The main goal ofthis core is to develop computational procedures for the analysis of high-throughput data from T cell receptor (TCR) or B cell receptor (BCR) repertoire, RNA-seq and flow cytometry, and apply them to study the tissue specific data generated in the proposed projects. TCR and BCR repertoire sequencing provides information about clonal lineage and tissue-specific expansion of T / B cell populations, which is a key component to test the hypotheses in Projects 1, 2 and 4. RNA-seq is a powerful approach to profile gene expression and alternative splicing, which are important for studying the specific states of lymphocytes and local environment of different tissues, and will be applied extensively in Projects 1, 2 and 3. For all projects, a streamlined procedure to analyze large-scale multidimensional flow cytometry data is crucial so we can separate the different immune cell populations we wish to;study precisely. We have three specific service aims in this core: (1) Establish and apply computational approaches to analyze T and B cell receptor repertoire sequencing data. We have established an in-house bioinformatics pipeline to analyze massive accounts of TCR and BCR repertoire sequencing data from lllumina HiSeq or MiSeq platforms. For this part ofthe core, we will continue to develop analytical methods for characterizing repertoire diversity and comparing of repertoire of different tissues across individuals. We will then perform the computational and mathematical analysis of TCR and BCR repertoires for Projects 1, 2 and 4. (2) Establish and apply computational approaches to analyze RNA-seq data to find signatures of expressions that distinguish cell linages and tissues. We have a mature analytical pipeline for RNA-seq data at Columbia Genome Center Next-Generation Sequencing Laboratory. The field is in active development;newer methods are being published. For this part of the core, we will assess the performance of new and existing methods, and optimize the procedure for finding expression signatures that define local environment in different tissues and immune cell states. We will perform the computational analysis for Projects 1 through 3. (3) Establish and apply computational approaches to analyze high-throughput flow cytometry data. The purpose is to find not only canonical populations of immune cells, but also discover novel or rare populations from multi- dimensional flow cytometry data. We will establish an analytical pipeline based on existing and in- development R/Bioconductor tools.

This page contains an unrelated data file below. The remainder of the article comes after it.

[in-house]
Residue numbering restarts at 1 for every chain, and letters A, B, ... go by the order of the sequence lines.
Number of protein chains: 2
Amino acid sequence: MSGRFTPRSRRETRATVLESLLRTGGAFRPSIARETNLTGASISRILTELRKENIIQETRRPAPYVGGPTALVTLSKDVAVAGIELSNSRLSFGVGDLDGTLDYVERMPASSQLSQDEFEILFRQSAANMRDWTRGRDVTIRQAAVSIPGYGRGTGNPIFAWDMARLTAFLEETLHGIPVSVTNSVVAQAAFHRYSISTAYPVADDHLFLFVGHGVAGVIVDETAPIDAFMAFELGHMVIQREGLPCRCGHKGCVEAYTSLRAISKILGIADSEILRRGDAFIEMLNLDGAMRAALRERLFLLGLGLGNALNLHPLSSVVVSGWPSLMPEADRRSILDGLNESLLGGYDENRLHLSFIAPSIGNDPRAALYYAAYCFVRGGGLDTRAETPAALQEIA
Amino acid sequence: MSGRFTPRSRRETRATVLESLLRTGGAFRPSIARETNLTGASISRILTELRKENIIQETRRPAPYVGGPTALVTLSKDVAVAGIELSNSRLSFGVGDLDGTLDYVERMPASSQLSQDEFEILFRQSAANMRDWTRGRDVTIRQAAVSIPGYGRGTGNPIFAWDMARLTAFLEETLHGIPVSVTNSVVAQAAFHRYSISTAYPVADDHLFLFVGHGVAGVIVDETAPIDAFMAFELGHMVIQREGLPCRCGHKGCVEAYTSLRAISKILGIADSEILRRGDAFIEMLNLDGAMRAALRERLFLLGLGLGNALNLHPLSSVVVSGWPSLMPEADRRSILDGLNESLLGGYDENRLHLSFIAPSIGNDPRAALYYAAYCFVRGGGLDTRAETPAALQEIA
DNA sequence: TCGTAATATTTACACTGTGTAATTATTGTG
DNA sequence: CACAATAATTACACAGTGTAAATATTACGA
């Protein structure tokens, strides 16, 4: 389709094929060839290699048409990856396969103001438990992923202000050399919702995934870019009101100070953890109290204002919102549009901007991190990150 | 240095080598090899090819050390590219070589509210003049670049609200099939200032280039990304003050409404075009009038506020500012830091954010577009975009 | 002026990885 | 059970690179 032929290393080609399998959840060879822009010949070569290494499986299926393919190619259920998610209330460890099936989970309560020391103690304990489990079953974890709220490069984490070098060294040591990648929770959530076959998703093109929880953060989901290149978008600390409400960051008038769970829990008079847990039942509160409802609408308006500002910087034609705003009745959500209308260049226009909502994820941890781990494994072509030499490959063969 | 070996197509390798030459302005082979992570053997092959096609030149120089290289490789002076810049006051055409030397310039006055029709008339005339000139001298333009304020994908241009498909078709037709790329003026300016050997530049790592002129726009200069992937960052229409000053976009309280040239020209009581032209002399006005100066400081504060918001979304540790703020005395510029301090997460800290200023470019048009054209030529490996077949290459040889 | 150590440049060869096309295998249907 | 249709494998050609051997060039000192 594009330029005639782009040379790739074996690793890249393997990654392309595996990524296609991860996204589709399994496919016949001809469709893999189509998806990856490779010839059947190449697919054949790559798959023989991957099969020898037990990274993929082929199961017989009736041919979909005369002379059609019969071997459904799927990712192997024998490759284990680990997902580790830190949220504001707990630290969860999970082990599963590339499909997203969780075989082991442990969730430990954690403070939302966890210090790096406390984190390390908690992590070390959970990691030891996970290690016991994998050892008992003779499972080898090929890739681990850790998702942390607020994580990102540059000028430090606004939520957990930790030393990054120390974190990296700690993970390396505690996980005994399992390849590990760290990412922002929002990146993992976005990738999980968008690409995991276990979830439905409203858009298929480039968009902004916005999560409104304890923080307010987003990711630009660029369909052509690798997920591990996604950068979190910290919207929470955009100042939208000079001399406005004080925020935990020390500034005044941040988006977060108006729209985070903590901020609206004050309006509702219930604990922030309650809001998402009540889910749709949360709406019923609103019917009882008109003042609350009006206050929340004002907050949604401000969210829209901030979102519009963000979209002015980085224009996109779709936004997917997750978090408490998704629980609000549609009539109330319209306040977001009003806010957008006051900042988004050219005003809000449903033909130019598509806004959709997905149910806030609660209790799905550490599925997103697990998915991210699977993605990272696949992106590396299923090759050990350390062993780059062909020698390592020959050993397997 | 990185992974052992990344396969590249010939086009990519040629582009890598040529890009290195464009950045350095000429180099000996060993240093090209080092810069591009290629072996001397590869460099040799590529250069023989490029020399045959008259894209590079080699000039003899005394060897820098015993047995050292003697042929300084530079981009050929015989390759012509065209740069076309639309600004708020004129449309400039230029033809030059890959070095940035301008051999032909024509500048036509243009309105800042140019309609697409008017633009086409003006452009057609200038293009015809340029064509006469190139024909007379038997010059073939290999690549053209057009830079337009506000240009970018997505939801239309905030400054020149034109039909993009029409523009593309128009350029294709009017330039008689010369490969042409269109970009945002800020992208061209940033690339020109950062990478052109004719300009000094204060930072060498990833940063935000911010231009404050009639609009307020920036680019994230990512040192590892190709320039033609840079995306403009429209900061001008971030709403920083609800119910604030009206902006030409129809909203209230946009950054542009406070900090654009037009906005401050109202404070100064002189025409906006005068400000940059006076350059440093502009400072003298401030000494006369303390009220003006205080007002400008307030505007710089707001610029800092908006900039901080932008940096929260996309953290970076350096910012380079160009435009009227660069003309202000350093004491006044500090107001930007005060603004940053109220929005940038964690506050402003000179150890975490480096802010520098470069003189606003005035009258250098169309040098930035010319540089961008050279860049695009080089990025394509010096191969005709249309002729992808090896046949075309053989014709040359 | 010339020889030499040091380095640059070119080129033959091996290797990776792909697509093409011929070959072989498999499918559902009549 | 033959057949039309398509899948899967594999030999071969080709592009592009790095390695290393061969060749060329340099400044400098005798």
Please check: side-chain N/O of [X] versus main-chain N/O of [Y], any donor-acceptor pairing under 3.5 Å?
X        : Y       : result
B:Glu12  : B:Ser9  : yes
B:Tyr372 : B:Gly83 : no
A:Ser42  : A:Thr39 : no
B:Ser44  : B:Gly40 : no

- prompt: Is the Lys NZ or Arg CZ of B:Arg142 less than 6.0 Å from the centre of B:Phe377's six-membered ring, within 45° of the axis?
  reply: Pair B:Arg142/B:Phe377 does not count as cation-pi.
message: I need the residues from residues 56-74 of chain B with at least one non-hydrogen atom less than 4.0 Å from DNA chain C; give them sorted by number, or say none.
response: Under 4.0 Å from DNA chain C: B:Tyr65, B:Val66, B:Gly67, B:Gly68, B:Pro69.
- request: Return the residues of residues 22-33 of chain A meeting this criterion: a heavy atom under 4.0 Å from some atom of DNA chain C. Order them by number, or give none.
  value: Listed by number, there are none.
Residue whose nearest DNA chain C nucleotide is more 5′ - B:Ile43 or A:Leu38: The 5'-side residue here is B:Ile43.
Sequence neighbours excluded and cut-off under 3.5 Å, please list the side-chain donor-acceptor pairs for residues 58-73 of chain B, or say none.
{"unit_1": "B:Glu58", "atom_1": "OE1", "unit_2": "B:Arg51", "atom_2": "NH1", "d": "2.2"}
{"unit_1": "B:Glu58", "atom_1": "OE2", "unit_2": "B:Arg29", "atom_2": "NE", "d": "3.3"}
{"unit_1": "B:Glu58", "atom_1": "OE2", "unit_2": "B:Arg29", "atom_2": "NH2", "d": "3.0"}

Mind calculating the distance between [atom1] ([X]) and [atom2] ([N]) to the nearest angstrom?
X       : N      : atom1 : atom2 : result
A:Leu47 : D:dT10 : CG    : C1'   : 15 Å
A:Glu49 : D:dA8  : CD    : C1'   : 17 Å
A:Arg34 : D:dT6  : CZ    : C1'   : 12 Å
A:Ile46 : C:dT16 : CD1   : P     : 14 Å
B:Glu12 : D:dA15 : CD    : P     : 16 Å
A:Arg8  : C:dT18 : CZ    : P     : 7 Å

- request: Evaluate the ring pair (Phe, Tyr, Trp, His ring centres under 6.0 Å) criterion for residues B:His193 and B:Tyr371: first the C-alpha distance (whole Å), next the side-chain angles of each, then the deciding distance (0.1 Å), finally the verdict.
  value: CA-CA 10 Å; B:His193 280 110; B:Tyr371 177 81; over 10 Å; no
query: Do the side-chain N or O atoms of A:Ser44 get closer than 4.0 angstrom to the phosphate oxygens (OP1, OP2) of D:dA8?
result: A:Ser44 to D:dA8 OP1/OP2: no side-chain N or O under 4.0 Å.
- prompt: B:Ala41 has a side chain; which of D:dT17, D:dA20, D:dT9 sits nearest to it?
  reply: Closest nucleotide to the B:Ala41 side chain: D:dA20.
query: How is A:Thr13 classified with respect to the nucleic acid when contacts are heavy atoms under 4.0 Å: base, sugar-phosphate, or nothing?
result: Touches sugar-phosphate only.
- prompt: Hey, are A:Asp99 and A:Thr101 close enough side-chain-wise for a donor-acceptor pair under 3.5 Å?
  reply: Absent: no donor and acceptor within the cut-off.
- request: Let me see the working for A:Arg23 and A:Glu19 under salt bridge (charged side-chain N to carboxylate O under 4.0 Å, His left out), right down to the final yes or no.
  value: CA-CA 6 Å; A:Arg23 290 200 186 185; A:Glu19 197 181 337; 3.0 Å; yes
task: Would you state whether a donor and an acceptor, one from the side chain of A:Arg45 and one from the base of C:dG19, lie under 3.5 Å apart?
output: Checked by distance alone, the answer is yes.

The proposed studies will greatly improve our understanding of human immunity, especially on tissue- specific properties of various important irnmune cells manifested in signature gene expression changes and dynamic clonal expansions. The findings frpm these studies will have direct applications in optimized vaccine designs, treatment of autoimmune diseases;and better control of graft-versus-host diseases.
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